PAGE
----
Impeachment of Law Enforcement Officers (Part II)
A previous post looked at the concept of witness impeachment generally and how a witness’s credibility can be attacked. When the witness is a law enforcement officer (as is often the case in a criminal proceeding), the concept of witness impeachment becomes slightly different. This is because officers generally do not change their testimony from one hearing to the next as they have their notes and reports to review before each hearing. Not only this, but it is rare (if not impossible) to find a police officer with a felony conviction or conviction for a crime of dishonesty in his or her background. How, then, are law enforcement officers impeached?
Impeaching Officers By Confronting Them with Facts
First, an officer’s credibility can be challenged by highlighting testimony that exaggerates or misstates objective facts. Sometimes an officer’s testimony makes a criminal investigation more colorful than it actually is. An officer can describe a DUI suspect as “staggering and having difficulty maintaining his balance,” when all the suspect actually did was briefly lose his footing due to tripping on an obstruction in the road. An officer can describe another suspect as acting “belligerent and uncooperative” simply because the person asked the officer in a loud voice why he was being arrested. Officers who overstate or exaggerate the facts can ruin their credibility with the judge or jury.
Impeaching Officers with Prior Intentional Dishonest Acts
Even if an officer has not been “convicted” of a crime involving an act of dishonesty or false statement, an officer who has previously engaged in dishonest conduct can nonetheless be impeached. This is due to the trust that the public places in law enforcement officers – they are (rightfully so) held to a higher standard of conduct than the average citizen. So an officer who was officially reprimanded by his or her agency for filing a false report or other dishonest conduct can have these facts brought to light and have his or her truthfulness challenged based on this information.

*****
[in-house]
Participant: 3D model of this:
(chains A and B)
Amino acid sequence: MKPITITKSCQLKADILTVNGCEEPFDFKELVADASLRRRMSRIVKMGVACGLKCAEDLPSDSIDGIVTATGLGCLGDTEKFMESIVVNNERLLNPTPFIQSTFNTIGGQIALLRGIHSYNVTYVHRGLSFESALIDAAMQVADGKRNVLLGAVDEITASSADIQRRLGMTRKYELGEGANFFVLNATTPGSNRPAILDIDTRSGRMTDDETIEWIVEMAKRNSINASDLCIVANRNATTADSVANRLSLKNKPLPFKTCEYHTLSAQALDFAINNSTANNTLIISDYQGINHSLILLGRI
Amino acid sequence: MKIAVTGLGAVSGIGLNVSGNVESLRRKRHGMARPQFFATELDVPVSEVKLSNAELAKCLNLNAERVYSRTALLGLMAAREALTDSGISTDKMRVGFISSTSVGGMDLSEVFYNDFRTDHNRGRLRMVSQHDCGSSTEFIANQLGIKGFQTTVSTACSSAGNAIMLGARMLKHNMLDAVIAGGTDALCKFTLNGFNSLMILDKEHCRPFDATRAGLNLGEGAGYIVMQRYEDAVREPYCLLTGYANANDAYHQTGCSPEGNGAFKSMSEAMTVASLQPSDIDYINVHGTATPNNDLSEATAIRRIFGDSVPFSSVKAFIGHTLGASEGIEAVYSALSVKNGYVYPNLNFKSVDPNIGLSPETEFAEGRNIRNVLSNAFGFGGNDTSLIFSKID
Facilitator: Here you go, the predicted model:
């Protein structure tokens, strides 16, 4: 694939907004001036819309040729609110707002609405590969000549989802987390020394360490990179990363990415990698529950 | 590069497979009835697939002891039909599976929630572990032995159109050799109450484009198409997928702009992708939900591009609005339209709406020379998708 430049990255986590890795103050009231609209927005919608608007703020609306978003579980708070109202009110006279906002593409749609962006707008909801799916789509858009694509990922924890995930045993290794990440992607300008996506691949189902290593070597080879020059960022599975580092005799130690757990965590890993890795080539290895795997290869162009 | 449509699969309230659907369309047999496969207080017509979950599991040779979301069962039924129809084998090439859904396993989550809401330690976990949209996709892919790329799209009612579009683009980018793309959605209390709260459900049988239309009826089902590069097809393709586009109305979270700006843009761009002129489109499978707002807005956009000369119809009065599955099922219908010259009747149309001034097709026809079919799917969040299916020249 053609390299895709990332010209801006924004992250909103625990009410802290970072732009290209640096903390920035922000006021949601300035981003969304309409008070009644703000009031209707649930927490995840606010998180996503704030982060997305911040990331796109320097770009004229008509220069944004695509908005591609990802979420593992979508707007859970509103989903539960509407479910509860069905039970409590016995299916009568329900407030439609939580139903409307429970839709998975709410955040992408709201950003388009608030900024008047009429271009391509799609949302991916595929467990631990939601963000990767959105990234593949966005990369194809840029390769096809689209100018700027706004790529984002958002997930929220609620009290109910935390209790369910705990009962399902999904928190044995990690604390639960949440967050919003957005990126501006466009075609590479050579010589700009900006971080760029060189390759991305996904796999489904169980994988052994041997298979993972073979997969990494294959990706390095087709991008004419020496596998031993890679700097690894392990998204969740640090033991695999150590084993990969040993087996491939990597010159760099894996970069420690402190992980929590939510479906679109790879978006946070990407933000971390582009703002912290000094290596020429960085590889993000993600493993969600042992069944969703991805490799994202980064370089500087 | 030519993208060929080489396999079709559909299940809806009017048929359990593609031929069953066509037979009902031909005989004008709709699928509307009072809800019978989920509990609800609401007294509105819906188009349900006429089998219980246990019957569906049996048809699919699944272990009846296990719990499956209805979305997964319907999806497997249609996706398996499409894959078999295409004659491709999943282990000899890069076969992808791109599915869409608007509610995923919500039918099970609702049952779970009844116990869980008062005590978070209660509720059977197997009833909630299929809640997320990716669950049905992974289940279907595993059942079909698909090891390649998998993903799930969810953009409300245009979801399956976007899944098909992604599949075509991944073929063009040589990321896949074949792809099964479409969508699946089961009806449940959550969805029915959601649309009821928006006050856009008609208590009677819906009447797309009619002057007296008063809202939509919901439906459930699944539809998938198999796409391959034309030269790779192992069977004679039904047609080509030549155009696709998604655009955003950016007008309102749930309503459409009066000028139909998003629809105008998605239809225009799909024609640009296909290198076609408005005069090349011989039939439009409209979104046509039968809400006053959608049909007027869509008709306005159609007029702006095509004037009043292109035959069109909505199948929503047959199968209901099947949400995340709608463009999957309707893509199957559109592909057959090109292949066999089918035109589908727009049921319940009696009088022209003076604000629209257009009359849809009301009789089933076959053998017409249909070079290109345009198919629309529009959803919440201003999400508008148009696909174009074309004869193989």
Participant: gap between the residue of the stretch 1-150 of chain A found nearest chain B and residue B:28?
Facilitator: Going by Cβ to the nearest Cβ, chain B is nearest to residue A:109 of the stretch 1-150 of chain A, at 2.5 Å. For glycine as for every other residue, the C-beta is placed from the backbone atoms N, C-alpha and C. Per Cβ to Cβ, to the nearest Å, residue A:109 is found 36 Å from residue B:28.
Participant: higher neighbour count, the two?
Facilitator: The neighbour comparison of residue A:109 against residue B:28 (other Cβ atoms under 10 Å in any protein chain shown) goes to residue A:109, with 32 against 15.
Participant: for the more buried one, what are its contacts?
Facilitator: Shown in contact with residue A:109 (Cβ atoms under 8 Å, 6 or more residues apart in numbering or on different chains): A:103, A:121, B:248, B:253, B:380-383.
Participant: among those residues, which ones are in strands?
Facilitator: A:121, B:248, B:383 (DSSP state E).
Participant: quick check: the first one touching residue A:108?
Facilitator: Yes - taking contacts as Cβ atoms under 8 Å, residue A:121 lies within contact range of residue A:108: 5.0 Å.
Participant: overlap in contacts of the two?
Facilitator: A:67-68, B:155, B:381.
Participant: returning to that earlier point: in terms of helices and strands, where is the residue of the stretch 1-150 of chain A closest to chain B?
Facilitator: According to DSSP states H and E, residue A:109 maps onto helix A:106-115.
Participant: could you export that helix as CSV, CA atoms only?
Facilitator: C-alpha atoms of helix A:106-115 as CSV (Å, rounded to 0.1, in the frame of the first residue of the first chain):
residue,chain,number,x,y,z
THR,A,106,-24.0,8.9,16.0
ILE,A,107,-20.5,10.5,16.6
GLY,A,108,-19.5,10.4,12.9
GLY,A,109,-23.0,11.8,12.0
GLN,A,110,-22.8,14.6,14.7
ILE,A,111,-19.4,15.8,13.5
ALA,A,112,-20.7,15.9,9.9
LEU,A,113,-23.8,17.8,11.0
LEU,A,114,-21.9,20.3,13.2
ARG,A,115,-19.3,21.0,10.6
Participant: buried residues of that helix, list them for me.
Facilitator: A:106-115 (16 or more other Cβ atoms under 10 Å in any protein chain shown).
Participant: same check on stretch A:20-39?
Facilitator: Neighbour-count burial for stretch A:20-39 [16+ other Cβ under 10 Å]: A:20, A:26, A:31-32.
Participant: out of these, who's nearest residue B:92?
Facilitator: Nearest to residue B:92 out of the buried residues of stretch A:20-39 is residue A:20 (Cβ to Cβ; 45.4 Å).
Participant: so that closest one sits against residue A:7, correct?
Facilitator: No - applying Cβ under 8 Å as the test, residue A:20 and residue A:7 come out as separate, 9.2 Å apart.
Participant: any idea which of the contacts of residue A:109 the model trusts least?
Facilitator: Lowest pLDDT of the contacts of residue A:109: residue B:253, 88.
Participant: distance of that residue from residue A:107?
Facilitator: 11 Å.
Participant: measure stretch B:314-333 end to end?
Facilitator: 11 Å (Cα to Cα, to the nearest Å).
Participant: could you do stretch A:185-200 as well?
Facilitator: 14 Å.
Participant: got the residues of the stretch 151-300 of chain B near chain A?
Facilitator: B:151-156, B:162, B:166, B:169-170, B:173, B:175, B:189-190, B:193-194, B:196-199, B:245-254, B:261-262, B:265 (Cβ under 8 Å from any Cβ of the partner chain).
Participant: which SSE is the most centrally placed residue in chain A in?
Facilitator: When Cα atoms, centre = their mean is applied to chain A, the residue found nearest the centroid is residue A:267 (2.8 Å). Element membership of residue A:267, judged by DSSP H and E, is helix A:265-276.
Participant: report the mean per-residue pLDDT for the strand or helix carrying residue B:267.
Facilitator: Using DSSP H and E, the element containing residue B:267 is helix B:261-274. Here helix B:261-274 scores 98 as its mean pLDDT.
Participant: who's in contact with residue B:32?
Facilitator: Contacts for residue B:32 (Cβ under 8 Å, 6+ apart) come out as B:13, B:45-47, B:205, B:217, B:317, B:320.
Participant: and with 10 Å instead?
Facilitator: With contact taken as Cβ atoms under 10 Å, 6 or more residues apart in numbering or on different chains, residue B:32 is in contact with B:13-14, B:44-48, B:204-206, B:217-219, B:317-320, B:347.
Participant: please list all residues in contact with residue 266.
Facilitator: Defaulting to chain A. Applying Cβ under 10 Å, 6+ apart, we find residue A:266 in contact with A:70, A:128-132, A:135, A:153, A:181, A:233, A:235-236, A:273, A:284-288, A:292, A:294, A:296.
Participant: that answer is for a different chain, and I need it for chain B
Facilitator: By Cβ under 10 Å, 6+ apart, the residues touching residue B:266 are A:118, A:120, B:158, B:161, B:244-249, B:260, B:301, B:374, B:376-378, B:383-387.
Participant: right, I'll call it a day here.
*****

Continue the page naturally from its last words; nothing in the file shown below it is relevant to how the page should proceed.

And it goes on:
For example, suppose that an officer writes in a report that methamphetamine was found in a certain location in a home, implicating one particular person with whom the officer has had prior dealings. The person complains, and an internal investigation reveals that the methamphetamine was actually discovered in a completely different part of the home and the officer deliberately falsified his report. Even though this act may not have resulted in a conviction, it is still a relevant fact that can be brought out for the judge or jury to consider when evaluating the officer’s credibility.
How a Criminal Defense Attorney Helps You
Jeffrey S. Weiner, Miami criminal defense attorney, can help your case by uncovering evidence that can help impeach the testimony of witnesses and law enforcement officers. The sooner you retain his services, the more effective he can be at locating this information and (potentially) resolving your case favorably before trial. Call his office today at (305) 670-9919 or contact his office online for assistance with your Florida criminal charges.